“If you look at our top seven or eight people, they’re not from Louisville,” Sahney said, adding that some of his chief lieutenants at the company commute to Louisville five days a week. This includes company CFO Patrick Lee, who commutes from Cincinnati.

So, why is the company here?

“Frankly because of me,” Sahney said.

“I could have gone and run a publicly traded company and almost did. … But my kids were younger, and I loved Louisville. I remembered living here and we’d created my first company here, and it was a good experience. So, we came back for [the] quality of life.”

All of the types of talent that he needs in his C-suites and the next layer down in the organizational chart are in the science hubs of the East and West Coast — especially Boston, New Jersey and San Francisco, areas with high concentrations of executive talent working in and around the pharmaceutical industry, Sahney said.

And Louisville — for all its marketing as a research and health care hub — pales in comparison with these cities, and Louisville’s concentration in health care is largely in the aging care industry.

“We’ve never really had pharmaceutical services around here,” he said.

“You ask me why did we return? I’d say 90% of people will not have returned to this region,” Sahney said. “They would have gone to Columbus, Ohio, where I’ve spent a lot of time: booming; Nashville: lower taxes; or even stayed in Cincinnati. So, it was purely emotionally driven to come and it worked out fine.

“But if a similar company was recruited to come here, it would just be impossible.”

PharmaCord LLC

Founded: 2017

Founder and CEO: Nitin Sahney

Headquarters: Hilton Drive, River Ridge Commerce Center, Jeffersonville, Indiana

Noncommercial pharmacy: Louisville

HQ details: 81,000 square feet across three floors; $50 million investment

Employees: 450; 500 expected by the end of the year

Number of clients: 22

Supported products: 58

The opportunity ahead of PharmaCord

The development of new drugs in the U.S. accelerated in the last 15 years or so. A public dataset from the U.S. Food and Drug Administration shows that the number of drug approvals awarded by the federal regulator increased from 20 in 2005 to 53 in 2020.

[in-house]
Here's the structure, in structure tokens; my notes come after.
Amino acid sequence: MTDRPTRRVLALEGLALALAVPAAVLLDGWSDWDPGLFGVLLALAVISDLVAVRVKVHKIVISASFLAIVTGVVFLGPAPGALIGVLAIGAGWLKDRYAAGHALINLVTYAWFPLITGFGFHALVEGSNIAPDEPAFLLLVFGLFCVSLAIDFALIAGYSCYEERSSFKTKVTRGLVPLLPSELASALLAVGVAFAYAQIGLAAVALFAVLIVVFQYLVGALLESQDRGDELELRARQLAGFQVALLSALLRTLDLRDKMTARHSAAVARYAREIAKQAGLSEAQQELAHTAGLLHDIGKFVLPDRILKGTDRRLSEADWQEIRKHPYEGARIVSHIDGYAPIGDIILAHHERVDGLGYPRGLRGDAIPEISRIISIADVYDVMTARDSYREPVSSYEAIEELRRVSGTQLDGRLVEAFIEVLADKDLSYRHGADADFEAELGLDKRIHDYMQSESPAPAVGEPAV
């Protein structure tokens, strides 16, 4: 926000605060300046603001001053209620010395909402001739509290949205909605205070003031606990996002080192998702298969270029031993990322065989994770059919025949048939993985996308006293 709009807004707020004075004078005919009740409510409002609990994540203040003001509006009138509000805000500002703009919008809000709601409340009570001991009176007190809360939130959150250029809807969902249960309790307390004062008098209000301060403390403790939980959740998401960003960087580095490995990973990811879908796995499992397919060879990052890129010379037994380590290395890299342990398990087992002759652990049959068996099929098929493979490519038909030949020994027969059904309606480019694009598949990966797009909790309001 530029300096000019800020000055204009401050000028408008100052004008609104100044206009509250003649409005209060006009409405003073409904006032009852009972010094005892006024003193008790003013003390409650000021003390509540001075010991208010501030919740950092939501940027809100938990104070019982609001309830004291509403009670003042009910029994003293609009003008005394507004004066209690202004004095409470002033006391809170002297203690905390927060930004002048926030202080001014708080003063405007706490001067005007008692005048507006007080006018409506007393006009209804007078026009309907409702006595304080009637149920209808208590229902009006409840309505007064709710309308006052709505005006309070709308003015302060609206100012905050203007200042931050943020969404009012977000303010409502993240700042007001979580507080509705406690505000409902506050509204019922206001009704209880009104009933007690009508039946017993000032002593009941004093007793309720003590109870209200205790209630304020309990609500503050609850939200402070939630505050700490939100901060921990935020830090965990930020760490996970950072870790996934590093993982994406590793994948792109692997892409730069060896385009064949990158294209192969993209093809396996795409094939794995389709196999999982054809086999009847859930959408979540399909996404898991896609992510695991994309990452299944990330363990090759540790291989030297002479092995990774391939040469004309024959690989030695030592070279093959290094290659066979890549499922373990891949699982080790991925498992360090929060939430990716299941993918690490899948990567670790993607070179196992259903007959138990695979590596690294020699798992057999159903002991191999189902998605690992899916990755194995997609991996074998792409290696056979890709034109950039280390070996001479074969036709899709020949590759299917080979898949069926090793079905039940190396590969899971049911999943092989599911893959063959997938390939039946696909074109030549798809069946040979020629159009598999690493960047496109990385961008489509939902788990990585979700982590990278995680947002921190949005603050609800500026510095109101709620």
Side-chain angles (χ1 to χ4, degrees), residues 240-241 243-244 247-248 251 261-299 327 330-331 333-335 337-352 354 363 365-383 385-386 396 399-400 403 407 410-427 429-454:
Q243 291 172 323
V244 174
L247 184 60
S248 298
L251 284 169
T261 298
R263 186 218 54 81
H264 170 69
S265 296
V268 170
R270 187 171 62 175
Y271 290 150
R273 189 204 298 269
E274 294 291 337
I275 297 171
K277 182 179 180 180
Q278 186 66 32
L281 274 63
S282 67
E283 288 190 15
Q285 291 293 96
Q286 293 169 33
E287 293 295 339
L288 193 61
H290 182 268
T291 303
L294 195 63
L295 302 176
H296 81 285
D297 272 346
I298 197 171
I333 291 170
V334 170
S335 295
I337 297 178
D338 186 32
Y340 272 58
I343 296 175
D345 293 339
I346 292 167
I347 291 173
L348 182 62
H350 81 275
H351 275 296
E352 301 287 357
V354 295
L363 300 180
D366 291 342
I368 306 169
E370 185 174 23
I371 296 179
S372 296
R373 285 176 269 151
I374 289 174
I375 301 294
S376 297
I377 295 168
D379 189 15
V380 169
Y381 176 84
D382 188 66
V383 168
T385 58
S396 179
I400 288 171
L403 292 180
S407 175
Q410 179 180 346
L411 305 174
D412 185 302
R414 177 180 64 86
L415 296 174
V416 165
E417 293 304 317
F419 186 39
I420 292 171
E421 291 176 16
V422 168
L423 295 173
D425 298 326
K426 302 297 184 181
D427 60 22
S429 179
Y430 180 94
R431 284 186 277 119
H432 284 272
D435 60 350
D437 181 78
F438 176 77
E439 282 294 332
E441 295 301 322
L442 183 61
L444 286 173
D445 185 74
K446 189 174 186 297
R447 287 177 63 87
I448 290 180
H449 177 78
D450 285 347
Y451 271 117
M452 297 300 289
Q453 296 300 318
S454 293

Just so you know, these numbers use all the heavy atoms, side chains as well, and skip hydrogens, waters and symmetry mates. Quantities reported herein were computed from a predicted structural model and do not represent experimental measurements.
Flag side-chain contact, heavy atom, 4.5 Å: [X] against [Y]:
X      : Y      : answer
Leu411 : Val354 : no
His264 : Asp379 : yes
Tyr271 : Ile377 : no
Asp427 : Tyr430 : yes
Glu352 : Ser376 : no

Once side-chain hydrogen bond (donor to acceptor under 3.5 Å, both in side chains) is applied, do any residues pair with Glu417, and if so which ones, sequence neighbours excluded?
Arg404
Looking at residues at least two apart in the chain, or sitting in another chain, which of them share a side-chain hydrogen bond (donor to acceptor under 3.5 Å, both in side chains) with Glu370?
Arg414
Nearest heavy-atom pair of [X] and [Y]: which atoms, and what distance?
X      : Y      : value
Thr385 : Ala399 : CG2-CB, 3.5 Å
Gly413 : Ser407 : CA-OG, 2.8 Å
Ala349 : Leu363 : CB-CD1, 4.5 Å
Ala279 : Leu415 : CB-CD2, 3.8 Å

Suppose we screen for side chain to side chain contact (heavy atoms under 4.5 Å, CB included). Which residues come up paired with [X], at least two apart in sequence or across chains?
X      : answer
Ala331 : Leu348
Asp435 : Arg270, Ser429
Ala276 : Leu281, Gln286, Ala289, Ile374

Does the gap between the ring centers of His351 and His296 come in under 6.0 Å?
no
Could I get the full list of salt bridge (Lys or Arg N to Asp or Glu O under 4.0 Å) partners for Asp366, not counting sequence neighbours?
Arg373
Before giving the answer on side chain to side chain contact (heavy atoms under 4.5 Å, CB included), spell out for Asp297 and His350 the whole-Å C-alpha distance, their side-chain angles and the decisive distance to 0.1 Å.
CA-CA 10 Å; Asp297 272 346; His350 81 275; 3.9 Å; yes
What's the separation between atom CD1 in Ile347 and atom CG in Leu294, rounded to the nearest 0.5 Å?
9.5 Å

And in recent years, the number of specialty drugs meant to treat cancer or other rare or severe diseases accounted for the majority of the approvals.

However, handling the patient-support programs meant to ensure treatments are successfully delivered and administered to patients falls outside what these high-tech companies are good at, according to Tanya Shepley.

Shepley is an associate principal with the Evanston, Illinois-based global consulting and services firm ZS Associates Inc. She focuses on patient-support programs as part of the company’s patient and consumer health practice.

Patient-support programs provide connections between patients, health care providers, insurers and drug makers. And different companies provide varying supports to any combination of those constituencies.

In PharmaCord’s case, it provides the full spectrum of services to support patients and, in turn, helps drug makers ensure their products are successful in the marketplace.

“Today’s treatment experience for patients is very fragmented and frustrated,” Shepley said. “Specialty products, especially for rare diseases, they tend to involve a much more complex treatment pathway, and patients need personalized treatment supports.”

But these supports require major investment, and that might not make sense for a pharma or biotech company that needs to focus resources on research, trials, the drug-approval process, marketing or other aspects of the industry.

Outsourcing a patient-support program — especially if the drug-maker is a smaller company — allows a company to offload that part of the business. Larger companies tend to have the capacity to take on support programs in-house, Shepley said.

According to Shepley, the specialty drugs are likely to continue — if not accelerate — toward higher specialization and even personalization to specific facets of a disease within a patient. Further, more and more small or emerging companies are coming into the U.S. market with one or a small handful of treatments in development.

The acceleration of more specialty drugs and companies developing them isn’t likely to slow down any time soon.

Sahney said that PharmaCord also so far has not lost a client once they’ve taken on a contract for a patient-support program. And with the burgeoning specialty drug business, it has the opportunity to gain additional business from pharma clients as they grow their drug offerings in the market.

About PharmaCord

PharmaCord is the connector between manufacturers, patients, physicians, and payers. The company provides customized solutions to life sciences companies that span three core areas: patient support, pharmacy services and manufacturer support. These integrated services are designed to increase accessibility, clinical oversight and market acceptance of prescription therapy. Independently owned and organically built, PharmaCord is free from any competing priorities, enabling it to design and implement patient access and support programs that align with the objectives of its life sciences clients. PharmaCord’s experienced team coupled with its proprietary CORscend™ technology platform optimizes workflow to deliver improved program execution, more rapid therapy initiation and increased patient engagement. To learn more about how PharmaCord improves commercial outcomes for life sciences companies, visit

Beth Roberts
(502) 805-3450